How can asking for a change in commutator riser style save you time on your next rewind?

By giving your winder the style that works best for personal preference... and by knowing where you can safely make changes, and where you can't. Inserted risers come in many different styles... from open, to closed, to straight blade, and with a large number of foldover configurations.

Different winders have different preferences, and generally speaking, risers can be designed to meet those preferences; as long as the overall material remains the same for current carrying capacity and stability in operation.

When working with foldover tabs, the biggest challenge can be in placing the coils. Though it may seem that the top coil should fall entirely between the two sides of the riser, in fact, the short side of the riser should come only halfway up the top coil. This original OEM design may cause problems in aftermarket rewinding, since you'll end up working with a very small amount of the long side of the risers which can be difficult to bend.

The solution? Have your commutator manufacturer make an adjustment to the design. Some of the conversions available (shown below), may fit better within your winders' preferred work scope and may save time in the rewind as a result. Also, if you choose to stay with a full foldover, you can always instruct your comm manufacturer to increase the length of the long side of the riser to make it easier to bend.

Should you change riser material thickness?
Not if it means going thinner. By going from 0.060" to 0.040", you reduce the current carrying capacity of the copper, and also reduce the strength of the material. However, the reverse (0.040" to 0.060" is typically possible, and it is also possible to convert from a double inserted riser of 0.040" material to a single inserted riser of 0.093".

Can I do anything to stop inserted risers from cracking in operation?
Riser cracking is typically due to one of two causes. Vibration can be addressed in some cases by adding a row of lashing to help minimize the effect. Hydrogen embrittlement is seen in copper which contains oxygen. Over time, it will react with the hydrogen in the air and cause the copper to become brittle and crack. Using Oxygen-free copper for inserted risers will solve this problem, and should be specified for virtually all inserted riser commutators.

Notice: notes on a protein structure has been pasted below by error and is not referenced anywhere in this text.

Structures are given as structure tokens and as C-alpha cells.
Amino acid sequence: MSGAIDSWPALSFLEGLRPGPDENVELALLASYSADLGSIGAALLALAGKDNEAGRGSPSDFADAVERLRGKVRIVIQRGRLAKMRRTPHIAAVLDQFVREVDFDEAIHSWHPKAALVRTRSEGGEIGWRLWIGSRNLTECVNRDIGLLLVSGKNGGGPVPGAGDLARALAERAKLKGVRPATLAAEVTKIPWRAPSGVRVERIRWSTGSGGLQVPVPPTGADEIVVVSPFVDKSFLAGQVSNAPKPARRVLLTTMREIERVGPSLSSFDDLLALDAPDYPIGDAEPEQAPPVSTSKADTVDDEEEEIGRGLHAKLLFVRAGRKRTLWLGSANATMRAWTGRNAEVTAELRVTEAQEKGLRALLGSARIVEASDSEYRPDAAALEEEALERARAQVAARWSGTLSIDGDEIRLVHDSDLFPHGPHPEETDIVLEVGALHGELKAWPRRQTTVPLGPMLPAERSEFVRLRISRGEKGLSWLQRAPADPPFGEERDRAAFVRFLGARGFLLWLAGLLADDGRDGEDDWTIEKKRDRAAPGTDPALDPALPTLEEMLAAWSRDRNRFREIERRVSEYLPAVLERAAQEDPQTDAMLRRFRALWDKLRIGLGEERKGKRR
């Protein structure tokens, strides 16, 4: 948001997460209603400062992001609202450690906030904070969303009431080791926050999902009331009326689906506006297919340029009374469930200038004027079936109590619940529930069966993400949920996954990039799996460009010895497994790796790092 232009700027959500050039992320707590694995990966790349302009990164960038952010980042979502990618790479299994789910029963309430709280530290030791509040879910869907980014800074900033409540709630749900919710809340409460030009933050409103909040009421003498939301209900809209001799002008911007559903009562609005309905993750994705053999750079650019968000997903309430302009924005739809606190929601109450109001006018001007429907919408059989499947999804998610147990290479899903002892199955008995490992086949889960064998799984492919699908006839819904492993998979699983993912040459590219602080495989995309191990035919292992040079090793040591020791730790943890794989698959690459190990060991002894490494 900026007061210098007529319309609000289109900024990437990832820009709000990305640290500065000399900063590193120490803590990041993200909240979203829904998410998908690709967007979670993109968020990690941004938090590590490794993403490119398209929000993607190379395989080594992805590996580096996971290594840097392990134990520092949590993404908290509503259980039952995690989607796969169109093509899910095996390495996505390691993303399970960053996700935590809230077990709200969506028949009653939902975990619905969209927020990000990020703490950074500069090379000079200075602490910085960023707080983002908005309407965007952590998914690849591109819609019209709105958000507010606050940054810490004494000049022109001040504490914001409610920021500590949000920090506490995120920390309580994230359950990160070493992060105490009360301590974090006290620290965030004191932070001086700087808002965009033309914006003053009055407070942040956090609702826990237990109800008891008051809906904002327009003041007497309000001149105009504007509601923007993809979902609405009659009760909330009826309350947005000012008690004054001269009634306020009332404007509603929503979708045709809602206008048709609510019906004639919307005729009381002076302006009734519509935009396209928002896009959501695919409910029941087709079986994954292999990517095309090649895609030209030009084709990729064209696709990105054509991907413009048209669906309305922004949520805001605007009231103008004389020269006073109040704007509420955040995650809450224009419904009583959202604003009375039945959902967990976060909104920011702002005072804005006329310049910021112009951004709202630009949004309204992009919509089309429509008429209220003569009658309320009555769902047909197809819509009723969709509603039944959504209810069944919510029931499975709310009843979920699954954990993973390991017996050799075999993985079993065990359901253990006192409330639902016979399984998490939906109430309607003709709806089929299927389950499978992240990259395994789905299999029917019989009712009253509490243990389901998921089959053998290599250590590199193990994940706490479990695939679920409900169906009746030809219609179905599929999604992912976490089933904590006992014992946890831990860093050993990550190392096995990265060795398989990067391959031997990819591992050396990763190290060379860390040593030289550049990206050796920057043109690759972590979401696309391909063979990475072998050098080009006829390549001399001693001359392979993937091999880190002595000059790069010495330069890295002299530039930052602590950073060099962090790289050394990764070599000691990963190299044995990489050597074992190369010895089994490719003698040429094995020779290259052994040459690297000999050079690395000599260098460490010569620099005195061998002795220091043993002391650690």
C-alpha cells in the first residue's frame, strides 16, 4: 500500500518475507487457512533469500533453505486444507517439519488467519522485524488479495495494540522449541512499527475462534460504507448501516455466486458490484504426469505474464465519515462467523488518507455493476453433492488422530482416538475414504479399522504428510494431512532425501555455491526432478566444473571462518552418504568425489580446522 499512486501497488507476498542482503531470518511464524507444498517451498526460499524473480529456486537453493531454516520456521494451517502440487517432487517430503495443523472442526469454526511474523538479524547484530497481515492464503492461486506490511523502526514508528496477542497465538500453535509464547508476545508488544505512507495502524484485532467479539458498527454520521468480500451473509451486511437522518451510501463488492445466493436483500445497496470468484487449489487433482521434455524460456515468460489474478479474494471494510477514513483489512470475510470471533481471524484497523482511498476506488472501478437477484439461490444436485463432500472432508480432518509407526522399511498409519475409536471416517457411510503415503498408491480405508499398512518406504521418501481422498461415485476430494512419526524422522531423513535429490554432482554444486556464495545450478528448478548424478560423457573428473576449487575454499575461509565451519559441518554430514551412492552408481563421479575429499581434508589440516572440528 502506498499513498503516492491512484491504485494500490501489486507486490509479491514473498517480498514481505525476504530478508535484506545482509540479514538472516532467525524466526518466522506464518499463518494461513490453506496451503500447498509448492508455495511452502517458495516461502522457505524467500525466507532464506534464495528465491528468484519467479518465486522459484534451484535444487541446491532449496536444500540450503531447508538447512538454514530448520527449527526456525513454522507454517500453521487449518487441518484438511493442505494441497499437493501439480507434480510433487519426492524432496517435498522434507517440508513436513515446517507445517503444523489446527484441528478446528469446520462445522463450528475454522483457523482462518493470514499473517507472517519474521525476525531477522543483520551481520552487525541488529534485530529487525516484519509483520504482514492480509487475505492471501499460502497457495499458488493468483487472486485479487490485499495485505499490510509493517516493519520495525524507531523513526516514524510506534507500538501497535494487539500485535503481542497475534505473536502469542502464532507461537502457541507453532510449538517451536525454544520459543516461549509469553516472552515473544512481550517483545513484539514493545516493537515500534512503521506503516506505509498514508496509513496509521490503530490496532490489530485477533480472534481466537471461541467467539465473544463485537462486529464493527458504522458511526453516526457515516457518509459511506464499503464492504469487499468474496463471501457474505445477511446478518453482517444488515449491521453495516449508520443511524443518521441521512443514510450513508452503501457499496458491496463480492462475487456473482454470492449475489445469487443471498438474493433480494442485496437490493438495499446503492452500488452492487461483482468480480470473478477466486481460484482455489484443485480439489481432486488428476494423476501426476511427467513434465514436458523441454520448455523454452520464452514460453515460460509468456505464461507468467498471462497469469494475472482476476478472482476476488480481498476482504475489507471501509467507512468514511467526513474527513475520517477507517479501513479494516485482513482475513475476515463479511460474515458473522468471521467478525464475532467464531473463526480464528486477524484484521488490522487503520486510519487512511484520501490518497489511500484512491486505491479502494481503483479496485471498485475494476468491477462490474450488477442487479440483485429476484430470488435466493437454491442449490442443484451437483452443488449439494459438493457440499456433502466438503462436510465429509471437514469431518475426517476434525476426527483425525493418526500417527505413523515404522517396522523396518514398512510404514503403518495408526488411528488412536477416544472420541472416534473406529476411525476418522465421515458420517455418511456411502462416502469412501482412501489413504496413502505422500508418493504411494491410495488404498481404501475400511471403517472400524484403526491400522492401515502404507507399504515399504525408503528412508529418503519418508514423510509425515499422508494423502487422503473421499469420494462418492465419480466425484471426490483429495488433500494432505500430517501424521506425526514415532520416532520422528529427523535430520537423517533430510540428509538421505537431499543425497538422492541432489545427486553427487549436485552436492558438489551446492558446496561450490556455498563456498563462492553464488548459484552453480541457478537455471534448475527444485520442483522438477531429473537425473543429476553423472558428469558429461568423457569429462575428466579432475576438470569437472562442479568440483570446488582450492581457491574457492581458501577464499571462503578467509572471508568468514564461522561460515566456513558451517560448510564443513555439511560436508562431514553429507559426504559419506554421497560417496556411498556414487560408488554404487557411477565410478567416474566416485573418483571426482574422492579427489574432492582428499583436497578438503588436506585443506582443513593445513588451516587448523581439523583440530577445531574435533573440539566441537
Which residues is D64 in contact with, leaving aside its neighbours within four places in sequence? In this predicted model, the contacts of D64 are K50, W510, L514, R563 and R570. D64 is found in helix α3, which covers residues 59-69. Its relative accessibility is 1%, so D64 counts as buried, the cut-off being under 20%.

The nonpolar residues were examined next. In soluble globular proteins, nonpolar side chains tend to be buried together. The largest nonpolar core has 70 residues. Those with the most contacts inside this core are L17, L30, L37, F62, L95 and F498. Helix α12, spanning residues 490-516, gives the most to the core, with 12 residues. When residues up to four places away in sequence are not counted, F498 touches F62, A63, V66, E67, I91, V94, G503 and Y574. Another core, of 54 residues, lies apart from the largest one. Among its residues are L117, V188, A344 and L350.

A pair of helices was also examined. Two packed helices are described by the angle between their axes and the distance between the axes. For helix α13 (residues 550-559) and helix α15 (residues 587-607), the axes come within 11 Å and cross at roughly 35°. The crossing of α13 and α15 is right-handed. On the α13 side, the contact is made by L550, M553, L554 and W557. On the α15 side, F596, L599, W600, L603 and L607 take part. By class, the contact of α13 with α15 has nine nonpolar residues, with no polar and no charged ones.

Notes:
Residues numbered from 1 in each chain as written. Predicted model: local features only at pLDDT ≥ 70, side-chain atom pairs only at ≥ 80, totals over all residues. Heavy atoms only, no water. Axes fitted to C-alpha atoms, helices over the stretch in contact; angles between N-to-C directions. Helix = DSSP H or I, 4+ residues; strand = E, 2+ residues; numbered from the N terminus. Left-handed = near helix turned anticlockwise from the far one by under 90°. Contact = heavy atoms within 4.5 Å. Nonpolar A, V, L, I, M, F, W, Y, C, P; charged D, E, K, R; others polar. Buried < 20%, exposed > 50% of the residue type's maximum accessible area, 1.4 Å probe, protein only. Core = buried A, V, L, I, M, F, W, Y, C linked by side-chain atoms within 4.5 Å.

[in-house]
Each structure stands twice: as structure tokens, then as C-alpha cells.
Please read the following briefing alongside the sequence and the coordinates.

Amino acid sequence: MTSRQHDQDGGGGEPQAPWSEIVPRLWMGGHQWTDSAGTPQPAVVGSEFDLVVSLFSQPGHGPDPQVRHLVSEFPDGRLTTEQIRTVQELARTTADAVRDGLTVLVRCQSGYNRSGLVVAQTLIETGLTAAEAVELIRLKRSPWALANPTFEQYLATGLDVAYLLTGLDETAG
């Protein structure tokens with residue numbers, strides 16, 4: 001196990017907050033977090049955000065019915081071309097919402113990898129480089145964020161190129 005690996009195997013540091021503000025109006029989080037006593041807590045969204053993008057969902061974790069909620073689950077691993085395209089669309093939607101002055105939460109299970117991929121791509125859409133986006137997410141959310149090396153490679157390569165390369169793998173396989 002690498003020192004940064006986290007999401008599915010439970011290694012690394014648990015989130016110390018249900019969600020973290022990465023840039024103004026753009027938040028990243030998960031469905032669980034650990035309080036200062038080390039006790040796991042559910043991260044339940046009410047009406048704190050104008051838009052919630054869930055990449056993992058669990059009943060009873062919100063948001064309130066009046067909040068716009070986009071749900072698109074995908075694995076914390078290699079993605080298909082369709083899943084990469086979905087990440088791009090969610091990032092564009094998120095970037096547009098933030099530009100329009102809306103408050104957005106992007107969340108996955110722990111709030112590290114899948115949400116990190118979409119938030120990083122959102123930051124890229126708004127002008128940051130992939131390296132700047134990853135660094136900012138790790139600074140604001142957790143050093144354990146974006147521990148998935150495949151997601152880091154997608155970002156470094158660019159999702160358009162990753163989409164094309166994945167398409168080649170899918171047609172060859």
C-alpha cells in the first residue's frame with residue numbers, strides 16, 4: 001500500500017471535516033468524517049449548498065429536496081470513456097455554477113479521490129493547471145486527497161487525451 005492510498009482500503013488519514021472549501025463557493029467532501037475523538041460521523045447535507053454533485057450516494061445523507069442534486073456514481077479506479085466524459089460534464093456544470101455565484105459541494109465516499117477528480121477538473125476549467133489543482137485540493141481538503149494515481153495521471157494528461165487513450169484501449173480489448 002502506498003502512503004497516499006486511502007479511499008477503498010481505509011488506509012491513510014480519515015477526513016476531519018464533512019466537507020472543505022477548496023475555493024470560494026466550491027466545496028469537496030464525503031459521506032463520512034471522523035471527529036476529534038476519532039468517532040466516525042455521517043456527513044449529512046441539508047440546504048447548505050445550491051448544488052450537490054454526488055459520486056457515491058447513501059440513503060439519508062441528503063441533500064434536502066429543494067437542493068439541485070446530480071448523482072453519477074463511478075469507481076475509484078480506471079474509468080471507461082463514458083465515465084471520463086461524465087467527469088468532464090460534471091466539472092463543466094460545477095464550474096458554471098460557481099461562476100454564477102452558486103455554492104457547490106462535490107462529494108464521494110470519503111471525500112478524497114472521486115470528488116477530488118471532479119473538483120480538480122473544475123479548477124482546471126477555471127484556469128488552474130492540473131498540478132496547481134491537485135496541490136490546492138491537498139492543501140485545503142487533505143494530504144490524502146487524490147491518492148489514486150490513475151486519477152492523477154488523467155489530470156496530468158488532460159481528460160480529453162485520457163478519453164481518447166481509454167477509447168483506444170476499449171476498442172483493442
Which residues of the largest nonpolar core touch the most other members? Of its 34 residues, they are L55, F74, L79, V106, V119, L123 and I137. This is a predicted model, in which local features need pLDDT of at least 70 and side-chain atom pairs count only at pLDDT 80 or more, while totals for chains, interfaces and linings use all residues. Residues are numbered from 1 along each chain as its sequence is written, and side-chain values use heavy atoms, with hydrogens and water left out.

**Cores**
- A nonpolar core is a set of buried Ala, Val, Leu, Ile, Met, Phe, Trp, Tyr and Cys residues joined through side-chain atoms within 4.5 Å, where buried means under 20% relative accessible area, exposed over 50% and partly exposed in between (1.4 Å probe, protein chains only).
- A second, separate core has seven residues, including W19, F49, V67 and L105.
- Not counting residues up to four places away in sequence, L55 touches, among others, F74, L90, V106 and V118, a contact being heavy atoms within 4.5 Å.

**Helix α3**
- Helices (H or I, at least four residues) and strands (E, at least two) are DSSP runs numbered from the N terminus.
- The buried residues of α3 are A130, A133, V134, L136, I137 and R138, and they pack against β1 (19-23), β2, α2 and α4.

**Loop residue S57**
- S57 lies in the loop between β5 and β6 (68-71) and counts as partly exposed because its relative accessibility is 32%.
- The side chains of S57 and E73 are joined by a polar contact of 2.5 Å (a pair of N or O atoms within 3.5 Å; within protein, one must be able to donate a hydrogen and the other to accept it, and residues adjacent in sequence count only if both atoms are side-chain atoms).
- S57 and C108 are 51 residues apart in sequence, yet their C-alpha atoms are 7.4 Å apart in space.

When is reinsulating a comm an option?

Usually if it has inserted risers, is a v-ring style commutator, and uses over 1000 pounds of copper. 

There are, of course exceptions to this. If the commutator doesn't use quite that much copper, but it has a very thick or very wide copper bar, reinsulating may still be a great cost saving alternative.

What is replaced in a reinsulated commutator?
Typically, reinsulation refers to the replacement of segment mica between the bars, and replacement of the mica v-rings and mica tube. It should also include new risers, and any 
peripherals like lashing or wrapped caps.

Why would you want to reinsulate instead of refill?
Cost. Reinsulating a commutator typically doesn't save any labor hours, since each bar has to be cleaned thoroughly before re-use. However, if the comm uses a significant amount of copper, the material savings can quickly amount to several thousand dollars. On a smaller comm, however the material savings would be quickly outweighed by the disadvantages of reinsulating.

When shouldn't you reinsulate a commutator?